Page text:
But I now know mourning is a lot more complex than that, as I have mourned so much in my life which has felt just as strong as the mourning of a loved one gone.

Nostalgia can feel like mourning, I look back on life especially the good times and mourn what has been and gone…But depression has made me mourn the most. The person I was, the person I could have been, possibilities gone because of a crippling mental wall which rises in front of me powerless to bring it down. images (1)
So many parts of me have died, parts of myself I used to love, it used to be so hard to bring me down I was so joyful now it can be just as difficult to feel joy.  I have come to mourn things I have barely even had, a house to call my own, a career of which I love, a relationship that well lasts and I mourn that zest for life which fizzled out so long ago.

Those around you especially those who suffer from mental health can know loss so well they are in mourning, it’s not easy to understand but just because there isn’t a physical absence in their lives that you can relate to it doesn’t mean they don’t feel like there is. It’s lonely, especially when you know it’s not logical and how someone feels may not be the truth but if there was a way around it believe me I think most would have worked it out by now as there is no comfort in mourning something you can’t see or never had, but we still mourn.

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bpd · depression · grief · help · men · mental health · PTSD · stigma · suicide · support

The Breakdown

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For all of those who don’t know what happens when you are seeking professional help after struggling with mental health let me paint you a picture…

Recently though not easy to admit a pattern has formed in my life where I noticed my mind was getting the better of me, things were spiralling out of my control. No matter how much I created positive distractions or looked after myself my mind quite simply kept crushing me and only when I had two weeks worth of anti-depressant pills in my hand and a bottle of water did I realise it was time to get fighting again, but I need help.

So the process… crisis line as in 111 was called, protocol questions are asked, then you are passed on to someone else who will call you back within the next hour otherwise an ambulance is sent to your location.  However in my case I got a call back, again questions which are hard to answer have to be asked such as, ‘Are others in danger?’, ‘What has happened recently to bring this on?’ 1
I mean if only I had a nail sticking out my leg those questions would be much easier to answer when in my situation from the outside nothing is visibly that wrong.  Eventually the conclusion was an emergency doctor’s appointment the next day was to be made and the crisis line would fax over what information they could to help the doctor who would be seeing me.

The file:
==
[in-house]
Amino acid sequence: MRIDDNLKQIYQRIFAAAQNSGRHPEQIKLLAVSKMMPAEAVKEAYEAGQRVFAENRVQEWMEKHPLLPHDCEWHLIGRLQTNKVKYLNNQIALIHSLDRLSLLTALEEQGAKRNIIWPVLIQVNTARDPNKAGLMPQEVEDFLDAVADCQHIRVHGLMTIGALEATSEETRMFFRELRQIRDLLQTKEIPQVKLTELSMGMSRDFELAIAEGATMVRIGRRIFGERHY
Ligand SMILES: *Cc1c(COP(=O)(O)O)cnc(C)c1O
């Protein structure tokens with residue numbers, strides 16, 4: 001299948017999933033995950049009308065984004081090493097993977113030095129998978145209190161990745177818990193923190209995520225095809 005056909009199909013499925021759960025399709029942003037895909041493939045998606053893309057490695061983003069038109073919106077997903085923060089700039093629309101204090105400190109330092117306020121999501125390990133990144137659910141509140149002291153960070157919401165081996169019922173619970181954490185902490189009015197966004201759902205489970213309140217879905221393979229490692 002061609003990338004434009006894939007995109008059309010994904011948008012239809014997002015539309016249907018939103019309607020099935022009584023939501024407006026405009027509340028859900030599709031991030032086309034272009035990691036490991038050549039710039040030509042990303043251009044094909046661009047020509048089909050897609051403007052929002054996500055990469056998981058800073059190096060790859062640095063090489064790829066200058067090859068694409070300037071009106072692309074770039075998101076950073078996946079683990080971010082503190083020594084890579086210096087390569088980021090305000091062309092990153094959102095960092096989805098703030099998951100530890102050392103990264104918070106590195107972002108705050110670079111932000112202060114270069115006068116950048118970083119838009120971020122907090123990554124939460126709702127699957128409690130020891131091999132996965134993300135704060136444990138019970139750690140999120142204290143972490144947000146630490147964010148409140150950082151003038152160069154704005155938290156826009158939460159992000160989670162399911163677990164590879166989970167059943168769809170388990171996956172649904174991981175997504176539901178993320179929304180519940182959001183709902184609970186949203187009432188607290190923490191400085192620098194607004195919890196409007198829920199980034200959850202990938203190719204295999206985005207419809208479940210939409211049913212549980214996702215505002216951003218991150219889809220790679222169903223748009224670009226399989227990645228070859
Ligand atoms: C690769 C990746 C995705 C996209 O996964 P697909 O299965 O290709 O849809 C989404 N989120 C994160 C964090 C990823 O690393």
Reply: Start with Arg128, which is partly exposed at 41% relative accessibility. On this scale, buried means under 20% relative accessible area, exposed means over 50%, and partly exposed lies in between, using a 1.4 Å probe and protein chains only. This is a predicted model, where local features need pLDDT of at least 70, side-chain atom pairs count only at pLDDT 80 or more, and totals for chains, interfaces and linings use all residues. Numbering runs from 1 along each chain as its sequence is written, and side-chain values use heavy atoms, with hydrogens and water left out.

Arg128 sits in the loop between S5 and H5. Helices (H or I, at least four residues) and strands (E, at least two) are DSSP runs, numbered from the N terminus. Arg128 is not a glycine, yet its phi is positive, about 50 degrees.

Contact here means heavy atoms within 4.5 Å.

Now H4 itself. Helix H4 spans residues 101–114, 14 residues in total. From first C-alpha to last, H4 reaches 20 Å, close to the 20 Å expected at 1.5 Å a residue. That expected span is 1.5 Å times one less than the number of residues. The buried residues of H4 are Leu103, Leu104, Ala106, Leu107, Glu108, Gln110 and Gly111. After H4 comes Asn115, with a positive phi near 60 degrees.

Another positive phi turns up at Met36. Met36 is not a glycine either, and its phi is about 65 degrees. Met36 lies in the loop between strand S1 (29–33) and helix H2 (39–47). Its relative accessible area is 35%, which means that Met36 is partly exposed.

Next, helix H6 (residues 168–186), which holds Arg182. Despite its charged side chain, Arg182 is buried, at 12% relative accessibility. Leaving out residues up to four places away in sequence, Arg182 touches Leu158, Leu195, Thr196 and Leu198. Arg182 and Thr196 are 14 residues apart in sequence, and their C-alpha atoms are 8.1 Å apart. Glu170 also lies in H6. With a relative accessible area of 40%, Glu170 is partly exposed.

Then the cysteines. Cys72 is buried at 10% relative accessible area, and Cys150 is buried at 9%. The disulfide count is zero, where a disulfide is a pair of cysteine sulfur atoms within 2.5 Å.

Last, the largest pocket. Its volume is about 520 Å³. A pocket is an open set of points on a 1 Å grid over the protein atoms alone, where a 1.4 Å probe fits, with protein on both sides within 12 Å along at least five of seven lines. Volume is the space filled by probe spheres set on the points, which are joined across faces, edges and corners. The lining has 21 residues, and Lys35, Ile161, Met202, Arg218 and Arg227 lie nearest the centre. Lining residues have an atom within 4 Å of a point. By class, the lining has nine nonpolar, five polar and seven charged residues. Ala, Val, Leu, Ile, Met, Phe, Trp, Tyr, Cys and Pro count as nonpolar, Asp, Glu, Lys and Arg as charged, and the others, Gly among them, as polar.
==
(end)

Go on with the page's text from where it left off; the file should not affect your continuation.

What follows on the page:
The next day comes, doctor appointment arranged, sat in waiting room, name called, walk in and sit down. How can I help you today? My initial reaction to the question is ok don’t think he has received the fax details from crisis line… the next thought being how do I even begin to answer this question?
I started by focusing on my plan, aim and concern at wanting to take my life and attempting to do so. He then asks what again may have ‘brought this on’ and I am aware besides a recent tragedy in my life I have nothing to complain about besides well a truck load of emotions with no logical reason behind them and a mind which sends all my senses into overload and makes me do and say things far from my character.

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So the usual answers are given and a reference to my past involvement with mental health services is mentioned, ultimately again this has to be passed on to the mental health team which I have previously  been involved with.

 

But before the next step or ‘plan of action’ is mentioned not so helpful statements are made such as ‘Your life is your responsibility ultimately’, an obvious and slightly unsupportive statement. Also to mentioning a tragedy of losing someone I knew and cared for the response being ‘That’s life’, again an obvious  statement of which I assume might seem cold to many none the least someone with an emotional unstable disorder.
So without even considering replacing my medication I am told a letter will be written with no indication to when the mental health team will be in touch and a simple ‘hang in there’ in the meantime (easier said than done!) 7e486d93357beedf78dc7960b2e10819